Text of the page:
The same disparity is evident in military power. The American defense budget was $518 billion in 2005, roughly 43 percent of global military spending and equal to those of the next 47 countries combined. By contrast, China's was $81 billion. Even assuming that Chinese spending is understated by 50 percent, the American military budget is four times larger. True, money is not the measure of all things, but a meticulous assessment of the Chinese armed forces by Anthony Cordesman and Martin Kleiber demonstrates that China lags far behind in more specific elements of military power as well. The People's Liberation Army relies heavily on armaments that are knockoffs or modernized variants of Soviet systems from the 1950s and 1960s and are no match for their American equivalents in range, firepower, speed, accuracy and overall technological advancement. The Chinese leadership's dogged efforts to create a modern military force by cutting manpower; upgrading the technological caliber of armor, aircraft, missiles and ships (with massive purchases from Russia); and investing in electronic and information warfare have not changed this picture-and will not for decades to come.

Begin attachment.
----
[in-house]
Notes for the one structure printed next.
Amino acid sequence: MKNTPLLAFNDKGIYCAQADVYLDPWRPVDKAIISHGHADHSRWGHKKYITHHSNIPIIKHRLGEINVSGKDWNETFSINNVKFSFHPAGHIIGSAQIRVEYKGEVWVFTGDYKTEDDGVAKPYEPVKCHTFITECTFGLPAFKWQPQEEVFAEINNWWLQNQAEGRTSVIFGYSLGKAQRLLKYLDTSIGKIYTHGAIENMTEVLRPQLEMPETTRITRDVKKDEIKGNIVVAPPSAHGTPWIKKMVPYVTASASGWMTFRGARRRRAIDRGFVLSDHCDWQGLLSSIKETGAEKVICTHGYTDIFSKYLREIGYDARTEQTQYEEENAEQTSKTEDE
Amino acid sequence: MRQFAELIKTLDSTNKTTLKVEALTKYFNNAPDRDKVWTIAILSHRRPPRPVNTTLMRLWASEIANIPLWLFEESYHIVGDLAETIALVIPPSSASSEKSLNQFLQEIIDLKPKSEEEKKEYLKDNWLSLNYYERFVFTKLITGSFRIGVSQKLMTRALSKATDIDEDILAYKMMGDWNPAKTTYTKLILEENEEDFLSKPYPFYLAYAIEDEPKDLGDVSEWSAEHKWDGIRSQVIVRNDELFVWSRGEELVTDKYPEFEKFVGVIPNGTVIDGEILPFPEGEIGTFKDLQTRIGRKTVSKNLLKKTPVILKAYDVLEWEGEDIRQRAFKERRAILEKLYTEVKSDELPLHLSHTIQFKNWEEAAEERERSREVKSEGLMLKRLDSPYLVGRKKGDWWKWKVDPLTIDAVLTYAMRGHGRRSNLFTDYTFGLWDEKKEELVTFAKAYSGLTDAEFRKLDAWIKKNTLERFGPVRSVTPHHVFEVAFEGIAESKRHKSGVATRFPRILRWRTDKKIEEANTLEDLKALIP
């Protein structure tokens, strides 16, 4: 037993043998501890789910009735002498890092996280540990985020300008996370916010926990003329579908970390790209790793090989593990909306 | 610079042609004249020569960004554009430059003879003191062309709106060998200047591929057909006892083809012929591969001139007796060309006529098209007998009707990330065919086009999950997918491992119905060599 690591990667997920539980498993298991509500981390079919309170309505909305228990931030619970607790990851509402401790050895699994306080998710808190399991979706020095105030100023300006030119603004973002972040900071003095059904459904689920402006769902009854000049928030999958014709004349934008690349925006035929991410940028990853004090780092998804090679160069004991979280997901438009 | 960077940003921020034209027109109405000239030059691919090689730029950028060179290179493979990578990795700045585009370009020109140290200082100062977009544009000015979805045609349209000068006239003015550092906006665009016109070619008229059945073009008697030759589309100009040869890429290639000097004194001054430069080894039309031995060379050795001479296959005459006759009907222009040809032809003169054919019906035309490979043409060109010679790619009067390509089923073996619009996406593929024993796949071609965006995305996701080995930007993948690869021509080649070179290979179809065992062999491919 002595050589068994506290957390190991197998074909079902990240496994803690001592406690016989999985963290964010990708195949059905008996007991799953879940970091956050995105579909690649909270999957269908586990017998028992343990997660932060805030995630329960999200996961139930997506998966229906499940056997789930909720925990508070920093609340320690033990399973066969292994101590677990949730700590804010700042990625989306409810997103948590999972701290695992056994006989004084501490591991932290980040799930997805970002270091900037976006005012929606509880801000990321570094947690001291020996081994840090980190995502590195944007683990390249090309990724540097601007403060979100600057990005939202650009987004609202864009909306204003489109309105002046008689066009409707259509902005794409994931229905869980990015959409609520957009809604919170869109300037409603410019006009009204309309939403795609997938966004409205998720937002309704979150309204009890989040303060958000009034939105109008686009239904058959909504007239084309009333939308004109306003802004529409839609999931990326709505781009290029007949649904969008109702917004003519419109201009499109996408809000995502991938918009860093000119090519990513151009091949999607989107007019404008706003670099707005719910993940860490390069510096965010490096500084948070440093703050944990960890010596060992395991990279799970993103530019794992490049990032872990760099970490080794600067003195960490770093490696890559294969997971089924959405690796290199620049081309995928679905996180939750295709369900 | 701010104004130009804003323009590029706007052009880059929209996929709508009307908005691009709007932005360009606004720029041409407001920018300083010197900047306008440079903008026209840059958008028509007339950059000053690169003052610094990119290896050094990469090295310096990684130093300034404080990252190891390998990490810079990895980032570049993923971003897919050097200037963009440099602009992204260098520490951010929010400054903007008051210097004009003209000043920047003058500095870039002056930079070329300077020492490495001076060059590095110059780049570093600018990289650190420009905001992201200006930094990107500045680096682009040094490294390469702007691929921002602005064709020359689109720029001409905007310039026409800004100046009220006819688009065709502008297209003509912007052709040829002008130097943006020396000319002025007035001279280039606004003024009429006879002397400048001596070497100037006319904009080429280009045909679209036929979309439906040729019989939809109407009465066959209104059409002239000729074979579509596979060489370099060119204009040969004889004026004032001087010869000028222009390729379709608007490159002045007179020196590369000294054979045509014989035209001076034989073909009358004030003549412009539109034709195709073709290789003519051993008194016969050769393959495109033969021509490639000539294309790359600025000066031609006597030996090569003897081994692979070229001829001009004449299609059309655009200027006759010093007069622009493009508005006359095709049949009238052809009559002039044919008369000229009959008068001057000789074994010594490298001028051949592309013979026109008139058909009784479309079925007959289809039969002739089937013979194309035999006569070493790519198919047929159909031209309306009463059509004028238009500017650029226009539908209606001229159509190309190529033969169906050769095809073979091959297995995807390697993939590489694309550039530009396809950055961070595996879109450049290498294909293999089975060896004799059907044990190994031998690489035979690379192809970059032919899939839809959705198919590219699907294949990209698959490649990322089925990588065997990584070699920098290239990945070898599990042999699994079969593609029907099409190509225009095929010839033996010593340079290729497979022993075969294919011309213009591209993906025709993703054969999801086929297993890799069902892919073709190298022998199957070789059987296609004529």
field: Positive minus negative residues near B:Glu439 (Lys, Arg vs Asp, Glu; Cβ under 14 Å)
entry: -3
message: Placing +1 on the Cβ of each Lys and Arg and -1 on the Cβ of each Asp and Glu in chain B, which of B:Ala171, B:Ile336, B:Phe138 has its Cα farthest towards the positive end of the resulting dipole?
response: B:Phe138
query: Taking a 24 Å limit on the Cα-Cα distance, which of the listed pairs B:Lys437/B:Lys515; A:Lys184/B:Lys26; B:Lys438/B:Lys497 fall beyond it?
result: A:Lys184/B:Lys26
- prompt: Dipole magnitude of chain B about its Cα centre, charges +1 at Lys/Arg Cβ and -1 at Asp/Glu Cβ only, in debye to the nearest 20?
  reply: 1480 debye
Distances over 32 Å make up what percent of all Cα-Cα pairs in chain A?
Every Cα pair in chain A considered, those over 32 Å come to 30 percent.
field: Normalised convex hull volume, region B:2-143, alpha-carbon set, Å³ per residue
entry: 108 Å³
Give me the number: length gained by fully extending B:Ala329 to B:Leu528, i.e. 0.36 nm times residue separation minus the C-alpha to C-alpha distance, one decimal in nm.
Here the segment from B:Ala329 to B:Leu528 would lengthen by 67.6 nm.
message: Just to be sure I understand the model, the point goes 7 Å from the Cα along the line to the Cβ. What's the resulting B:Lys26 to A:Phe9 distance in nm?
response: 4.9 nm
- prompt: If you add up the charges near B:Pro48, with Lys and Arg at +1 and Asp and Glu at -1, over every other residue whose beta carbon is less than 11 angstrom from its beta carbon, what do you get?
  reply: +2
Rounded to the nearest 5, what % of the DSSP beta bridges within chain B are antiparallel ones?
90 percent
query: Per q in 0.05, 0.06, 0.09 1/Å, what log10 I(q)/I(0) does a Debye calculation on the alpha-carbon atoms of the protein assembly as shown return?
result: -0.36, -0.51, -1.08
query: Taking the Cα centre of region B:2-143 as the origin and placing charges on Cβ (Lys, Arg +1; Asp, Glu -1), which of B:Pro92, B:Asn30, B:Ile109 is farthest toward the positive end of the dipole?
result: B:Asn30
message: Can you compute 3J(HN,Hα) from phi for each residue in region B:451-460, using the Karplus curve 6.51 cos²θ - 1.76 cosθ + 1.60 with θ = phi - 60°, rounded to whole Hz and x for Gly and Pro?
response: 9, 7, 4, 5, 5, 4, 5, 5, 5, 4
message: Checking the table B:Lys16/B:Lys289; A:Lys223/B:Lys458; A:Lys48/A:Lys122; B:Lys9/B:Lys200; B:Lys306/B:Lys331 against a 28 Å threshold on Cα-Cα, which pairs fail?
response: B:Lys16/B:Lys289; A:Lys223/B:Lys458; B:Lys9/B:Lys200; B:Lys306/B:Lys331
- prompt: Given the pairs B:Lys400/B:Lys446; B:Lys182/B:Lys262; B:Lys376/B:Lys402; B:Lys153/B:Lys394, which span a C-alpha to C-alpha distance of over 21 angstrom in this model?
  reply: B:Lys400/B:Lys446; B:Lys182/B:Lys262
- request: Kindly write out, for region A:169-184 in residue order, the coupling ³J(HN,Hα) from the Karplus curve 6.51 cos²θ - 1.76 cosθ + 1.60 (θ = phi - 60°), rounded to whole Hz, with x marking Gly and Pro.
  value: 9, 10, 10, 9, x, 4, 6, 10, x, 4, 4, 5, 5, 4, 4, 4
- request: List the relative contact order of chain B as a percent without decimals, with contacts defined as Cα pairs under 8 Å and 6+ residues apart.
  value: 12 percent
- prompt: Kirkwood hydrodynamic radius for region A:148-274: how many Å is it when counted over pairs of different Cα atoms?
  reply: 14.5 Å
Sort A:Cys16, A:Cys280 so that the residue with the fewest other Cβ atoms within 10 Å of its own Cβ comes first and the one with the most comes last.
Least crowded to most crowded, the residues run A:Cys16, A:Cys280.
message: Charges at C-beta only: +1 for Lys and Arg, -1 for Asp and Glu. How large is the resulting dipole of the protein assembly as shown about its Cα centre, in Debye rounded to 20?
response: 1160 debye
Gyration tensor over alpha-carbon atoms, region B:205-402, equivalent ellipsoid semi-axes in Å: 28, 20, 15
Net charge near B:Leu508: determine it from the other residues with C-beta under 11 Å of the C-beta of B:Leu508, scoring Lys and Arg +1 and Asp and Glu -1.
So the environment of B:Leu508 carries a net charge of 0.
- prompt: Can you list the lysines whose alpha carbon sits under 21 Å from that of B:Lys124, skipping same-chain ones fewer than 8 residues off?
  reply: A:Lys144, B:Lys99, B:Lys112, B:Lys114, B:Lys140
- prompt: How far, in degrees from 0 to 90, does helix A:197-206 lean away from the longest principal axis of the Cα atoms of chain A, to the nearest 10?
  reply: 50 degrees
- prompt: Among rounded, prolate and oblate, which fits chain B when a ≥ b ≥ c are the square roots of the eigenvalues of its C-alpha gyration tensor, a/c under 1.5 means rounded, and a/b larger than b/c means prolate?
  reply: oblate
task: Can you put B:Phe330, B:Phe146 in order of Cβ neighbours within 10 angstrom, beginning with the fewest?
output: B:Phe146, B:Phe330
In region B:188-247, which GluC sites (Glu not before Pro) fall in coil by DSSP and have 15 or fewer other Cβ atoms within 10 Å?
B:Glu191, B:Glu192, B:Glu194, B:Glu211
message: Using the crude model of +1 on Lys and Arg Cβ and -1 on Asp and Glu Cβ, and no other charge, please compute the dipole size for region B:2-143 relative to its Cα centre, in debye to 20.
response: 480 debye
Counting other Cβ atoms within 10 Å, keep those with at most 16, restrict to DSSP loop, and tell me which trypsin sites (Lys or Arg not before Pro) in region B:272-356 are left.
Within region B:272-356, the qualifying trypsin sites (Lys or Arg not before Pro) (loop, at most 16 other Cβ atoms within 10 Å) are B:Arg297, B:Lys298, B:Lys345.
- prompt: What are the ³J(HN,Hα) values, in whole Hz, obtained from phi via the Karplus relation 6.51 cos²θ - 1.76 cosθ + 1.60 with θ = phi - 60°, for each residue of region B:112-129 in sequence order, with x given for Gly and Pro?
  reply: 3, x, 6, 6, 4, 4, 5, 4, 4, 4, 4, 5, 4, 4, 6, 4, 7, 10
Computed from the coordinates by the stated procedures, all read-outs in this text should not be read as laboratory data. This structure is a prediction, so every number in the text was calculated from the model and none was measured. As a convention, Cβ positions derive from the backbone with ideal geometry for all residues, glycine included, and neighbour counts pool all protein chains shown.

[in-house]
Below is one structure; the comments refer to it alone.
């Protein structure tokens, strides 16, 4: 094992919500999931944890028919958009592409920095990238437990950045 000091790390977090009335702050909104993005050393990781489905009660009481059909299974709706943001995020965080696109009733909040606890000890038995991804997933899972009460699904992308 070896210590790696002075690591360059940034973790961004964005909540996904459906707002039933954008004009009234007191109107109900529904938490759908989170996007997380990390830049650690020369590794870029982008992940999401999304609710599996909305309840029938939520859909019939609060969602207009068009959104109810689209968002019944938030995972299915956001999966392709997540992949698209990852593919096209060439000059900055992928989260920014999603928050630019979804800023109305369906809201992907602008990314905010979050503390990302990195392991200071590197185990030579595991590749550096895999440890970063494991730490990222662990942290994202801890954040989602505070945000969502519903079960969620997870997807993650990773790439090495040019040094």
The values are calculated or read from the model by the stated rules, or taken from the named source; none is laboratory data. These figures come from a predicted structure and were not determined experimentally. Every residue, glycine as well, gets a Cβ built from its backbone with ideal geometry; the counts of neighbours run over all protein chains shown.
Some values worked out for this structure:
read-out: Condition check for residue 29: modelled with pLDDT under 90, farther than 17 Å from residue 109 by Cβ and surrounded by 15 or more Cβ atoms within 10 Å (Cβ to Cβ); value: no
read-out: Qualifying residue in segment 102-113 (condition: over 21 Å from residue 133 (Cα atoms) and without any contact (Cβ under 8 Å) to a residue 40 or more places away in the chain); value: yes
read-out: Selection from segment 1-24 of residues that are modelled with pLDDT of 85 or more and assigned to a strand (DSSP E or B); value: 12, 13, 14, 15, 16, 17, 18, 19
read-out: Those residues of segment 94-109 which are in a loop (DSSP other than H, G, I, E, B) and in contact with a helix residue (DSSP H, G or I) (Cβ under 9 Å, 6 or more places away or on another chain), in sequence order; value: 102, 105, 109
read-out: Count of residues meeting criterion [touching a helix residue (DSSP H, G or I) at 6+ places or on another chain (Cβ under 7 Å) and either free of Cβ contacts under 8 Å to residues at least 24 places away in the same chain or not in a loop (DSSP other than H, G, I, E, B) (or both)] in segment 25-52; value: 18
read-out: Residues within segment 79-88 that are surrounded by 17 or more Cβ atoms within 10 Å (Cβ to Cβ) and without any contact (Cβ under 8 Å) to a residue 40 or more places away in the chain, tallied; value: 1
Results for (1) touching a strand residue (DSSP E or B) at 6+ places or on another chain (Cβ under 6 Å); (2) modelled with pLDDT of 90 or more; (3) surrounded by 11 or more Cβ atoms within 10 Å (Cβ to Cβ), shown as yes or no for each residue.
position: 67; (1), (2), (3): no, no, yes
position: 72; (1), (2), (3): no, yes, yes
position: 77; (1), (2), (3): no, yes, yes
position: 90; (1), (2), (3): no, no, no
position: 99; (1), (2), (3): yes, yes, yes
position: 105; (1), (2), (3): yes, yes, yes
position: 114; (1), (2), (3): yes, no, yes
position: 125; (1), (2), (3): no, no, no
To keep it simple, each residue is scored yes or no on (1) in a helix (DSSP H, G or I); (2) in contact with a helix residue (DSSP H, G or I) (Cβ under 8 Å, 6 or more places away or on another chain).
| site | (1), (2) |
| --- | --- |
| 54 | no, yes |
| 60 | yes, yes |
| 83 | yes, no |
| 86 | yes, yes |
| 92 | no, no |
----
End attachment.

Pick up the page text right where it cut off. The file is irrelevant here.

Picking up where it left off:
The one advantage that Beijing has is that the United States has chosen to assume worldwide military commitments, while China concentrates its forces closer to home. The most important consequence of this contrast, itself indicative of the gap in power between America and China, is that while China would still be defeated in any confrontation over Taiwan, it has raised the risk that the United States would have to run to protect Taiwan.
THE CHINESE leadership would have to be extremely reckless and willing to jeopardize China's galloping economic growth to initiate a war with the United States, and there is no evidence that it is made up of wild-eyed gamblers. Rather, Beijing, as Bates Gill shows, has chosen moderation of late and has sought to allay regional fears about its ascendancy by stressing that it is engaged in "peaceful development", taking a leaf right out of Bismarck's playbook.